Developing with Matter - And why OTA firmware updates are critical.

By: Nextgen | On: Nov 28, 2023 | In: Blog Posts


Developing with Matter and why Automatic OTA Firmware Updates are Critical.

What is the Matter Protocol?

Matter is a protocol designed to simplify the development and deployment of smart home devices, ensuring seamless Matter protocol integration and interoperability across different platforms and brands.

In the burgeoning field of Internet of Things (IoT) and smart home devices, the Matter protocol emerges as a major innovation. This protocol is designed to streamline the development and deployment of smart home devices, facilitating seamless integration and interoperability across an array of platforms and brands. The protocol enjoys robust backing from major industry players such as Apple, Google, Amazon, the Bluetooth Special Interest Group (SIG), the Wi-Fi Consortium, and the Zigbee Alliance, heralding a new era of unified smart home ecosystems.

The Evolution of Smart Homes in the Hybrid Work Era

The shift towards hybrid work models has been a catalyst for transforming homes into sophisticated, intelligent spaces. This transformation is largely driven by the integration of an assortment of smart home devices, encompassing smart light bulbs, speakers, thermostats, video doorbells, and security cameras. These devices are not mere standalone units; rather, they coalesce into intricate ecosystems that substantially elevate the functionality and convenience of our living spaces. Nevertheless, this burgeoning industry is not without its challenges. Notably, there is a discernible trend of various smart home ecosystems operating in tandem, often without full interoperability. Prominent tech giants like Amazon, Apple, Samsung, and Google are vying for market dominance, each aspiring to establish their ecosystem as the ubiquitous choice. This competition, while fostering innovation, also leads to a fragmentation in the market. It creates a landscape where not all devices in a smart home are controllable from a single, unified ecosystem.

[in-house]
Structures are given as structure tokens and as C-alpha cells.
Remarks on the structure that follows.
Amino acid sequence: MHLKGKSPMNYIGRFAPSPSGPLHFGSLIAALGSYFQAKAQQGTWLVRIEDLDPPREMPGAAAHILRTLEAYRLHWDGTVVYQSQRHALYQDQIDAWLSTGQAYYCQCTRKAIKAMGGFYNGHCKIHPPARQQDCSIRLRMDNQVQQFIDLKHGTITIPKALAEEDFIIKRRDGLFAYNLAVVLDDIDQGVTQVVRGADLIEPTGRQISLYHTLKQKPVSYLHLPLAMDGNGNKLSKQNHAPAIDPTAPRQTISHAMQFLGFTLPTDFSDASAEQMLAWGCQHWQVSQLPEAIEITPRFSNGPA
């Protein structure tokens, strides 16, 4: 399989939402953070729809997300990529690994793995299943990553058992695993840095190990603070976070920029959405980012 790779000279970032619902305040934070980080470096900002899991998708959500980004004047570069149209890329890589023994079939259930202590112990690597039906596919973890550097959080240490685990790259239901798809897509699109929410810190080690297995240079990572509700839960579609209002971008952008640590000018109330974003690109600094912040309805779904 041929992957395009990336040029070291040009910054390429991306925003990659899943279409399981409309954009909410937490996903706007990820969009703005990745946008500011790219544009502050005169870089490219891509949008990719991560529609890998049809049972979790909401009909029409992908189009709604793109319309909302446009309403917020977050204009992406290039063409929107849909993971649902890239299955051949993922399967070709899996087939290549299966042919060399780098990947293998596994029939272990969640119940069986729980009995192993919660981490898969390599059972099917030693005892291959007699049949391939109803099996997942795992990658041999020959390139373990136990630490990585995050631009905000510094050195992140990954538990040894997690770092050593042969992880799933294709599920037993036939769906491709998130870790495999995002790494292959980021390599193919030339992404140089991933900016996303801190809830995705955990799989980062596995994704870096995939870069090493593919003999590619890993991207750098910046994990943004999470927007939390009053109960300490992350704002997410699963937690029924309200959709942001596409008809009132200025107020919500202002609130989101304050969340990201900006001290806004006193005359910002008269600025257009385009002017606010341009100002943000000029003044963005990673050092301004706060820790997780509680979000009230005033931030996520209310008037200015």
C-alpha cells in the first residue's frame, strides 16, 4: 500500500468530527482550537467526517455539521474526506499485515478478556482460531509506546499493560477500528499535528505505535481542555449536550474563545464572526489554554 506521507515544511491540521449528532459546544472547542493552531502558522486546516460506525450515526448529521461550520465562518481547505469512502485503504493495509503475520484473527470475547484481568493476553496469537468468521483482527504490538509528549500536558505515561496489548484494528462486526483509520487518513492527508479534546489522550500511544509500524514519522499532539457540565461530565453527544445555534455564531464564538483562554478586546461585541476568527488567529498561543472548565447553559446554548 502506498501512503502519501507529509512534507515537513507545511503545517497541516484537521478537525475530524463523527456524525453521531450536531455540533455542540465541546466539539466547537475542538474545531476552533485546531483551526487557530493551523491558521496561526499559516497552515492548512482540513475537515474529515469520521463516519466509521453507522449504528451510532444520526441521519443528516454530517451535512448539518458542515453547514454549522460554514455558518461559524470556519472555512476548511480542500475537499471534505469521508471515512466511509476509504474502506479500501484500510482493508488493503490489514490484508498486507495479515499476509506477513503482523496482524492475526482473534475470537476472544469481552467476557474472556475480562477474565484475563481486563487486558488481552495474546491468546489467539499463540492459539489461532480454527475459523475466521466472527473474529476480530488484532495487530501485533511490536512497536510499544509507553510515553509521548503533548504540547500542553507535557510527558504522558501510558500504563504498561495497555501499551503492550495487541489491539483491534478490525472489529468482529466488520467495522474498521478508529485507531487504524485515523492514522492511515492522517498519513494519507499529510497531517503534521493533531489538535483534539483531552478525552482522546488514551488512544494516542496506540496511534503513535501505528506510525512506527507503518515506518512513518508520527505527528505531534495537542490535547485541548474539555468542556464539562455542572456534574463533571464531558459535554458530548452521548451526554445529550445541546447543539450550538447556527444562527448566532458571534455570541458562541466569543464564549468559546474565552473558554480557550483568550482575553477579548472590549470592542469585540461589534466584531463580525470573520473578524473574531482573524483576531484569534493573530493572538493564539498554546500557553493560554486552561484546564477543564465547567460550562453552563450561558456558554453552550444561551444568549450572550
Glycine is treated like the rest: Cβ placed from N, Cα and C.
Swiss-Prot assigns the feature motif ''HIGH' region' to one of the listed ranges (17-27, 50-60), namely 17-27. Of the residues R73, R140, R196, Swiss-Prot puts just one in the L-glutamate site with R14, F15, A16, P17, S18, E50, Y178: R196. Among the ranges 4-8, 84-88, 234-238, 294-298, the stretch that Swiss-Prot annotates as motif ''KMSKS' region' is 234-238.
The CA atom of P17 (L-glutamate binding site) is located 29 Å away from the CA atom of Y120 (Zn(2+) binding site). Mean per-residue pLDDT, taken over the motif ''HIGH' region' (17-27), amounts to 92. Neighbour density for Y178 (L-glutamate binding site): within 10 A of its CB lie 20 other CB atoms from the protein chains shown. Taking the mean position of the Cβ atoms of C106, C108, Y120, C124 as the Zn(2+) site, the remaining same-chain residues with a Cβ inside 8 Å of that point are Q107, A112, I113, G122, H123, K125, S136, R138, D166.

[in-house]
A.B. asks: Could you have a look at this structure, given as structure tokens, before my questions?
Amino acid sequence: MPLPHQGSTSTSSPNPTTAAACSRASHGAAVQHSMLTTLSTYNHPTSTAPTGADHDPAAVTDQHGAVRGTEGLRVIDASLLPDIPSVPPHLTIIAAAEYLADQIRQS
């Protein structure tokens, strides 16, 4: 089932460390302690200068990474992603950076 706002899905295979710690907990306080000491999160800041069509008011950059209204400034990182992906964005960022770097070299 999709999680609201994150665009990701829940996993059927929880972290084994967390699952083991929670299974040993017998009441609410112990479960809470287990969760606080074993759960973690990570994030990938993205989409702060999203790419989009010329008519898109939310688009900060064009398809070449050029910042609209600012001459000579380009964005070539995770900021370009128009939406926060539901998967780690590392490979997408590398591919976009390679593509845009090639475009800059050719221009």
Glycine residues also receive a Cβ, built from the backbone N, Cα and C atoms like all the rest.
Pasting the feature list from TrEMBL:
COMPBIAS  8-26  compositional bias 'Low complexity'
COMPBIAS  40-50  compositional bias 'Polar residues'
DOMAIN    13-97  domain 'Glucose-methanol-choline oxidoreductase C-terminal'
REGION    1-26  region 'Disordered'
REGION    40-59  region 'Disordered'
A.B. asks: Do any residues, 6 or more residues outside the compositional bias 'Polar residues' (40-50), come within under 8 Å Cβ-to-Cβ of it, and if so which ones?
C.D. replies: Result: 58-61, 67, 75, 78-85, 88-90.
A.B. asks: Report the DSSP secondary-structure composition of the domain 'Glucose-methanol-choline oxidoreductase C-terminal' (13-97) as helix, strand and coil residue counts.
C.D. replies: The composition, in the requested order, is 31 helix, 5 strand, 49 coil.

a smarthome revealed

Market Growth Amidst Integration Challenges